COURTESY OF JENELI/FLICKR BY CC

Today’s brief lesson in performing arts theory is about German theatre director Bertolt Brecht. His most relevant theoretical invention, Verfremdungseffekt, or “alienation effect,” attempts to replace the emotional manipulation so at home in the world of theatre with an entertaining jolt of surprise. The techniques of doing so, such as breaking the fourth wall or exposing the theatre’s technology to the audience, are meant to hinder spectator identification. Inspiring the audience instead to adopt a critical attitude towards the theatrical performance, constantly reminded that the play to which they are bearing witness is nothing but constructed artifice, audience members are kept at a safe, uncomfortable distance.

Even though Brecht passed away some 60 years ago, Verfremdungseffekt has lived on. Few stage entertainers rely on this alienation effect more than Bo Burnham. He is living proof that you can sell out the Danforth Music Hall two nights in a row and manage to elicit uproarious laughter from a maximum capacity crowd while still keeping them at a distance.

This distance is the main weapon in Burnham’s comedic arsenal, yet his talent actually lies in his ability to both engross you and keep you at bay. He reels you in with his uncanny ability to make you laugh, all the while showing you the artifice of his own performance.

The lights dimmed at the Danforth, bringing with it a flood of melodramatic classical music. “Hello audience,” spoke a robotic voice blaring over the venue’s PA system. “You are here because you want to laugh and you want to forget about your problems. But I cannot allow it. You should not laugh. You should not forget about your problems. The world is not funny.” The hilarious hour-long show that succeeds this hyper-aware introduction, can be summed up in one word: meta.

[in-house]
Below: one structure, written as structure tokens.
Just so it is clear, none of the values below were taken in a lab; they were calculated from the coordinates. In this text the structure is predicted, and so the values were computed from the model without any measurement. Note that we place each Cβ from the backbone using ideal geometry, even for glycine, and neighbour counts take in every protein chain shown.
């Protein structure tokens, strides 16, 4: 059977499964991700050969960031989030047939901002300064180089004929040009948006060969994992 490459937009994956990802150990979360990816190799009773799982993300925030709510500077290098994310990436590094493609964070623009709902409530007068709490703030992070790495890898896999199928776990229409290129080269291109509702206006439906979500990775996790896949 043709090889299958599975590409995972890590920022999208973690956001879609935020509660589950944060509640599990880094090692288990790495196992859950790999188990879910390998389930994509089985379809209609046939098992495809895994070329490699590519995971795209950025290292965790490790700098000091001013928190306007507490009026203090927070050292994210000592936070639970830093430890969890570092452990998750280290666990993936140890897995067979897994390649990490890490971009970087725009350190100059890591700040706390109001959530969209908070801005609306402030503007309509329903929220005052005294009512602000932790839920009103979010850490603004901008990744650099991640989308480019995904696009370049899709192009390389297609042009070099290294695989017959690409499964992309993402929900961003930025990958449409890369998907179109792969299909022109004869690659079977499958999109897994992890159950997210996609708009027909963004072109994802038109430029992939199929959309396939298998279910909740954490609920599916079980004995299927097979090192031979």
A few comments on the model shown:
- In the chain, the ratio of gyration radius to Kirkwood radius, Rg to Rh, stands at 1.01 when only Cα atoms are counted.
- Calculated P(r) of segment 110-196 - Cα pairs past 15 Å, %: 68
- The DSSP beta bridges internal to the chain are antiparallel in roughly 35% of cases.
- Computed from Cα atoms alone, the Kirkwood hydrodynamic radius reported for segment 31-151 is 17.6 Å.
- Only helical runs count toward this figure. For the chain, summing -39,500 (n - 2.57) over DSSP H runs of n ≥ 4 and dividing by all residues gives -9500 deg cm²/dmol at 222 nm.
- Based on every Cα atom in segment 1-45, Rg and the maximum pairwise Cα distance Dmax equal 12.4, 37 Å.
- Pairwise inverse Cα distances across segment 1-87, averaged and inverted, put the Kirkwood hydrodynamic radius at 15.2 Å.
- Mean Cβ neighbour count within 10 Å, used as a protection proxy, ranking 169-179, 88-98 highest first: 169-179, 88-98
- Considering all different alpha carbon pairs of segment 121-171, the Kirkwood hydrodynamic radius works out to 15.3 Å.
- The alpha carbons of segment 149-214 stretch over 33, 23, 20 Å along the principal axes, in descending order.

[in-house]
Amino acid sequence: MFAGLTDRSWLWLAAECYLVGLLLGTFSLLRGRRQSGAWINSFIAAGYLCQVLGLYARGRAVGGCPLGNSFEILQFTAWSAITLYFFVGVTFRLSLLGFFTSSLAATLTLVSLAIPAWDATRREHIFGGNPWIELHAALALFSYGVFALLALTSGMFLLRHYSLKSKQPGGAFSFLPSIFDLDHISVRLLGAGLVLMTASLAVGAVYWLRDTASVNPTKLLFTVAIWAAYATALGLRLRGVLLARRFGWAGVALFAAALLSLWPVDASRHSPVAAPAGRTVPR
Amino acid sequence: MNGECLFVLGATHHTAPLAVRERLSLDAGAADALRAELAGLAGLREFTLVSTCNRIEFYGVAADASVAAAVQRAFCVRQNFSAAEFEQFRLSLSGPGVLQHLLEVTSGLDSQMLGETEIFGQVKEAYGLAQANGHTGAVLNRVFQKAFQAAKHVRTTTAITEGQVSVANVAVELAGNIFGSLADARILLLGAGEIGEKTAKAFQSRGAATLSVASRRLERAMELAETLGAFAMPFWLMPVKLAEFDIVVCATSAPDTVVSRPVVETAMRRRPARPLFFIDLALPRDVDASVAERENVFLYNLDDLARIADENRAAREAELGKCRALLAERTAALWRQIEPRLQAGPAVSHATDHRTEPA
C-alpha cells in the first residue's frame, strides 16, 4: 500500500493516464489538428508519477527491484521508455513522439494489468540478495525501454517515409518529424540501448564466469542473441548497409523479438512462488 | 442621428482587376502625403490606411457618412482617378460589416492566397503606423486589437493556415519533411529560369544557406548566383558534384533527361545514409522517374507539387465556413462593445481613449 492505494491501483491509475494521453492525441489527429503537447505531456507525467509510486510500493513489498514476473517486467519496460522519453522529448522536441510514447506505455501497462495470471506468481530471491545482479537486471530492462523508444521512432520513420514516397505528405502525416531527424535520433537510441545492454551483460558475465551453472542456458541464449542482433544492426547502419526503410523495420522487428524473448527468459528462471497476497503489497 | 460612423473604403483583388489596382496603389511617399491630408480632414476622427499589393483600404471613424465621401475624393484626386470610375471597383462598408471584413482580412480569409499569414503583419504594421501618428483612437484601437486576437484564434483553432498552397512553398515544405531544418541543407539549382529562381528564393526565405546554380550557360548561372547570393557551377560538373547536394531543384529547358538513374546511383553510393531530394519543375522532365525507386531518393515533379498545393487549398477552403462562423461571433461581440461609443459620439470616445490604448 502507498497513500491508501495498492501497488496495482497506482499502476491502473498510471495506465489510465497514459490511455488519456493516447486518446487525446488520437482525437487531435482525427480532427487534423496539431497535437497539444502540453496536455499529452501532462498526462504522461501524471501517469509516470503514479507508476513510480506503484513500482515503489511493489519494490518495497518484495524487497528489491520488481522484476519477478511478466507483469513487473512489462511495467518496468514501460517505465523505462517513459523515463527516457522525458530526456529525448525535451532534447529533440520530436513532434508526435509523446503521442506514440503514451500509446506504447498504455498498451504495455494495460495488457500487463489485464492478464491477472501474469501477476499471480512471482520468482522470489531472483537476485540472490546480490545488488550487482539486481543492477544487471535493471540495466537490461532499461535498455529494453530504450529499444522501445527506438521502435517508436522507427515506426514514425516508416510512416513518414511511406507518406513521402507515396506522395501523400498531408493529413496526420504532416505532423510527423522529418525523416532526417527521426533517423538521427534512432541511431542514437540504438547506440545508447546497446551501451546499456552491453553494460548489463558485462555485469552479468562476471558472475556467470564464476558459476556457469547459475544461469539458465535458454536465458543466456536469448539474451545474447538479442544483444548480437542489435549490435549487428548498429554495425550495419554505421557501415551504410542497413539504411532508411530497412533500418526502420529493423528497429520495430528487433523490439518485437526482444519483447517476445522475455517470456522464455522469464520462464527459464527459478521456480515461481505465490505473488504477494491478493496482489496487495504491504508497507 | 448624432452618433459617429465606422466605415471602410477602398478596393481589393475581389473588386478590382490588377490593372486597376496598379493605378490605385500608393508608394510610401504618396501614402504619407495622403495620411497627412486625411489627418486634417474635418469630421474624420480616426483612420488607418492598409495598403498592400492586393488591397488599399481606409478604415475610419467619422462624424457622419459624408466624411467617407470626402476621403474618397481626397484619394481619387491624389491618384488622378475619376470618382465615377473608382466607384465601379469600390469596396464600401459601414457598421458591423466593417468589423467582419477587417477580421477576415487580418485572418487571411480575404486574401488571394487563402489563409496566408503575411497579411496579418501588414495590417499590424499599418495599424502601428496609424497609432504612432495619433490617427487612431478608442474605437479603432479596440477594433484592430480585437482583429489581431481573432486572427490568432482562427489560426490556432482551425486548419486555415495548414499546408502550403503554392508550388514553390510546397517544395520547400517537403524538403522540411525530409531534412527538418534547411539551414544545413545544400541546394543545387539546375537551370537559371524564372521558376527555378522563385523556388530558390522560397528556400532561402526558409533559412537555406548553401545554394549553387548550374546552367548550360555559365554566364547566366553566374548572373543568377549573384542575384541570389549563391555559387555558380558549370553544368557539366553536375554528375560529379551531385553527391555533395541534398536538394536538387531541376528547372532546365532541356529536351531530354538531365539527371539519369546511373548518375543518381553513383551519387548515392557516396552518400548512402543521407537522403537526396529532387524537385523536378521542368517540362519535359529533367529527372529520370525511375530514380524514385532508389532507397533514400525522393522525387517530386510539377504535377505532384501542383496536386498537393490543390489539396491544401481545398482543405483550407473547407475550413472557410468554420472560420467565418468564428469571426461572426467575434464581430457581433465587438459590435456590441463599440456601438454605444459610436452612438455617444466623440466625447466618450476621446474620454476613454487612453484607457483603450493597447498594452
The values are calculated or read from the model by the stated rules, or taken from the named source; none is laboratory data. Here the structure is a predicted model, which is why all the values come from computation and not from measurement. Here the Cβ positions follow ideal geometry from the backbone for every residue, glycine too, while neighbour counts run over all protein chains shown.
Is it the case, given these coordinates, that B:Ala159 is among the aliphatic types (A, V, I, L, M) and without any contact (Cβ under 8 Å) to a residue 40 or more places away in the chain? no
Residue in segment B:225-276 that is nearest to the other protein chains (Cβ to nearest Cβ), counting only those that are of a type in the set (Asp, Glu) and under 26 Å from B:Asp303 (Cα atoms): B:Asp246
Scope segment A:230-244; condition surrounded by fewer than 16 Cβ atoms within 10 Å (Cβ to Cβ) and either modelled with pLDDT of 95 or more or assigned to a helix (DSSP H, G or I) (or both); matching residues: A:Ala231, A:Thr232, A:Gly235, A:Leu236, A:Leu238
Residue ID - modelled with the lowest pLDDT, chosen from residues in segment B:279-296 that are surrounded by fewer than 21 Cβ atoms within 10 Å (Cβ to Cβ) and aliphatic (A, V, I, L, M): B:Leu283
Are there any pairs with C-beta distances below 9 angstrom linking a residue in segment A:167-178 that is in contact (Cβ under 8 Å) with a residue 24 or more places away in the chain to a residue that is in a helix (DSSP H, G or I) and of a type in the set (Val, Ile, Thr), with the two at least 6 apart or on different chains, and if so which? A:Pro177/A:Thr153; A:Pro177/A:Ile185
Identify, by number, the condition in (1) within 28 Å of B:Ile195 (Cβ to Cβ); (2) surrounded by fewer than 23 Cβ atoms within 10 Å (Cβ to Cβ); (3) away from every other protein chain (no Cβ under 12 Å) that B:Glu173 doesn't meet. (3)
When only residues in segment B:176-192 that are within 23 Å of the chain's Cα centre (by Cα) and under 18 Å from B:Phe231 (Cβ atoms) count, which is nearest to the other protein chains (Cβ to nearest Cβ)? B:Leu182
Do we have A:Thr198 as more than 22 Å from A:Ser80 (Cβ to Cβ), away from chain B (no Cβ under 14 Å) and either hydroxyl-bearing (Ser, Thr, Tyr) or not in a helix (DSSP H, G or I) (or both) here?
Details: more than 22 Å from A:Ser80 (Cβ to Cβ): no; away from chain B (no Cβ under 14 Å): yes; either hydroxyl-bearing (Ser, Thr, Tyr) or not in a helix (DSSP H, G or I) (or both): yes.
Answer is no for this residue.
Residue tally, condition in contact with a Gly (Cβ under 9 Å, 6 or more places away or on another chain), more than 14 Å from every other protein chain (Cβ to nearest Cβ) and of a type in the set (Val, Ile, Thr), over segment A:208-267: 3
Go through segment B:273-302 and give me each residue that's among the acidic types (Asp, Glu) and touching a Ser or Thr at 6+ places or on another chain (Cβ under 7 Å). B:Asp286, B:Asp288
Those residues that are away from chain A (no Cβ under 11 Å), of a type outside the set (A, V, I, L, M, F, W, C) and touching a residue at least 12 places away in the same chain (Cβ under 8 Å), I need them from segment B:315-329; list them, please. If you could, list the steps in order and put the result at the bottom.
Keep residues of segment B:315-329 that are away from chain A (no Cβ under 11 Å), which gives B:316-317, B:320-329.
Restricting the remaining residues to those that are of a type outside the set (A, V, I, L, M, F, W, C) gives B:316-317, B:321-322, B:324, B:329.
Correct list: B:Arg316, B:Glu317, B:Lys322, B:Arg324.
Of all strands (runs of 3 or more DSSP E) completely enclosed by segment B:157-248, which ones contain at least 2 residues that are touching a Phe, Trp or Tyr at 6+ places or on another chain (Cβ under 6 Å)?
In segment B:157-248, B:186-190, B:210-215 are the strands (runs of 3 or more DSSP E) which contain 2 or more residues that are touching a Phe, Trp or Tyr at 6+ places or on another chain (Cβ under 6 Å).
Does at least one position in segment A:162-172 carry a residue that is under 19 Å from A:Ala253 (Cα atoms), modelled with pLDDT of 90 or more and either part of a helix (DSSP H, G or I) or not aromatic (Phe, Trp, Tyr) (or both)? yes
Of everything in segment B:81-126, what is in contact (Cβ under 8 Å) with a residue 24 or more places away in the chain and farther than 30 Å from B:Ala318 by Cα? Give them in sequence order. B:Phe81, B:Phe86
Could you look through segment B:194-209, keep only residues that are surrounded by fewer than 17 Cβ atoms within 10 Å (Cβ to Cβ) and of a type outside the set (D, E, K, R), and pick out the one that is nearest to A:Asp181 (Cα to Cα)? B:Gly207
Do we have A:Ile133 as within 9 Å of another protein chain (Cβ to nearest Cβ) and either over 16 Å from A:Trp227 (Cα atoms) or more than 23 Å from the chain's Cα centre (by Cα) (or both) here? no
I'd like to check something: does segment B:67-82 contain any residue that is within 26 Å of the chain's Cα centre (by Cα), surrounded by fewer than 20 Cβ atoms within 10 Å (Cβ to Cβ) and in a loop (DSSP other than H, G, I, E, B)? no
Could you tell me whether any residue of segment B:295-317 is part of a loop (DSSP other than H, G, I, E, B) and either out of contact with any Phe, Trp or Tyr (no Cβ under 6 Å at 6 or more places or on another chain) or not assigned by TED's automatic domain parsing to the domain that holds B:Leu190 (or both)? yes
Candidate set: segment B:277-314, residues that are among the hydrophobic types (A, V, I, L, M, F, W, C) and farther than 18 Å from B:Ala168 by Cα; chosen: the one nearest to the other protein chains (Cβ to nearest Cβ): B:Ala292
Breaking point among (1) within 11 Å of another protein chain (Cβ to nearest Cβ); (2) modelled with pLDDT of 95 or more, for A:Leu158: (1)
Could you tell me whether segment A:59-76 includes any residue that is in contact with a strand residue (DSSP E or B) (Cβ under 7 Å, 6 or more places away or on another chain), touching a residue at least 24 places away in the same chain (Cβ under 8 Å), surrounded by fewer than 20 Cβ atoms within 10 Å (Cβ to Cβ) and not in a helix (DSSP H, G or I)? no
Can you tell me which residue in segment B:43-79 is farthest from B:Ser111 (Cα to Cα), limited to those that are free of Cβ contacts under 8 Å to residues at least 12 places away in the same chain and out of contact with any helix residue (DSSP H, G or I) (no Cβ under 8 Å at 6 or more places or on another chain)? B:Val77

Anyone who’s seen Burnham’s Netflix special, what., knows exactly what I mean by this. Burnham’s new show as part of his Make Happy tour is just as anarchistic as its predecessor, jumping from vulgar one-liners to jaunty musical numbers to surreal scenes of mime and back to songs once again. Every bit of wordplay comes laced with meta-commentary on why it’s funny or not funny. Every song is either a critique of a pressing social issue or a witty polemic against certain musical genres (the best one being about the ridiculous stereotypes of stadium country music). Every piece of the show is performed in a way that draws attention to the performer (“See this smoke machine,” he asks at one point during the evening, “it cost $200”), bringing out the fact that it is, after all, just a comedy show.

Burnham thrives on this anarchy, and it’s what makes him such an endearing performer. Whether he’s tackling hot topics or sex jokes, he tackles them in innovative ways and with a tremendous personal honesty. Burnham has come a long way since recording YouTube videos in his room; he’s become more self-aware, more willing to shatter the illusions of performance, and, as a result, more funny.

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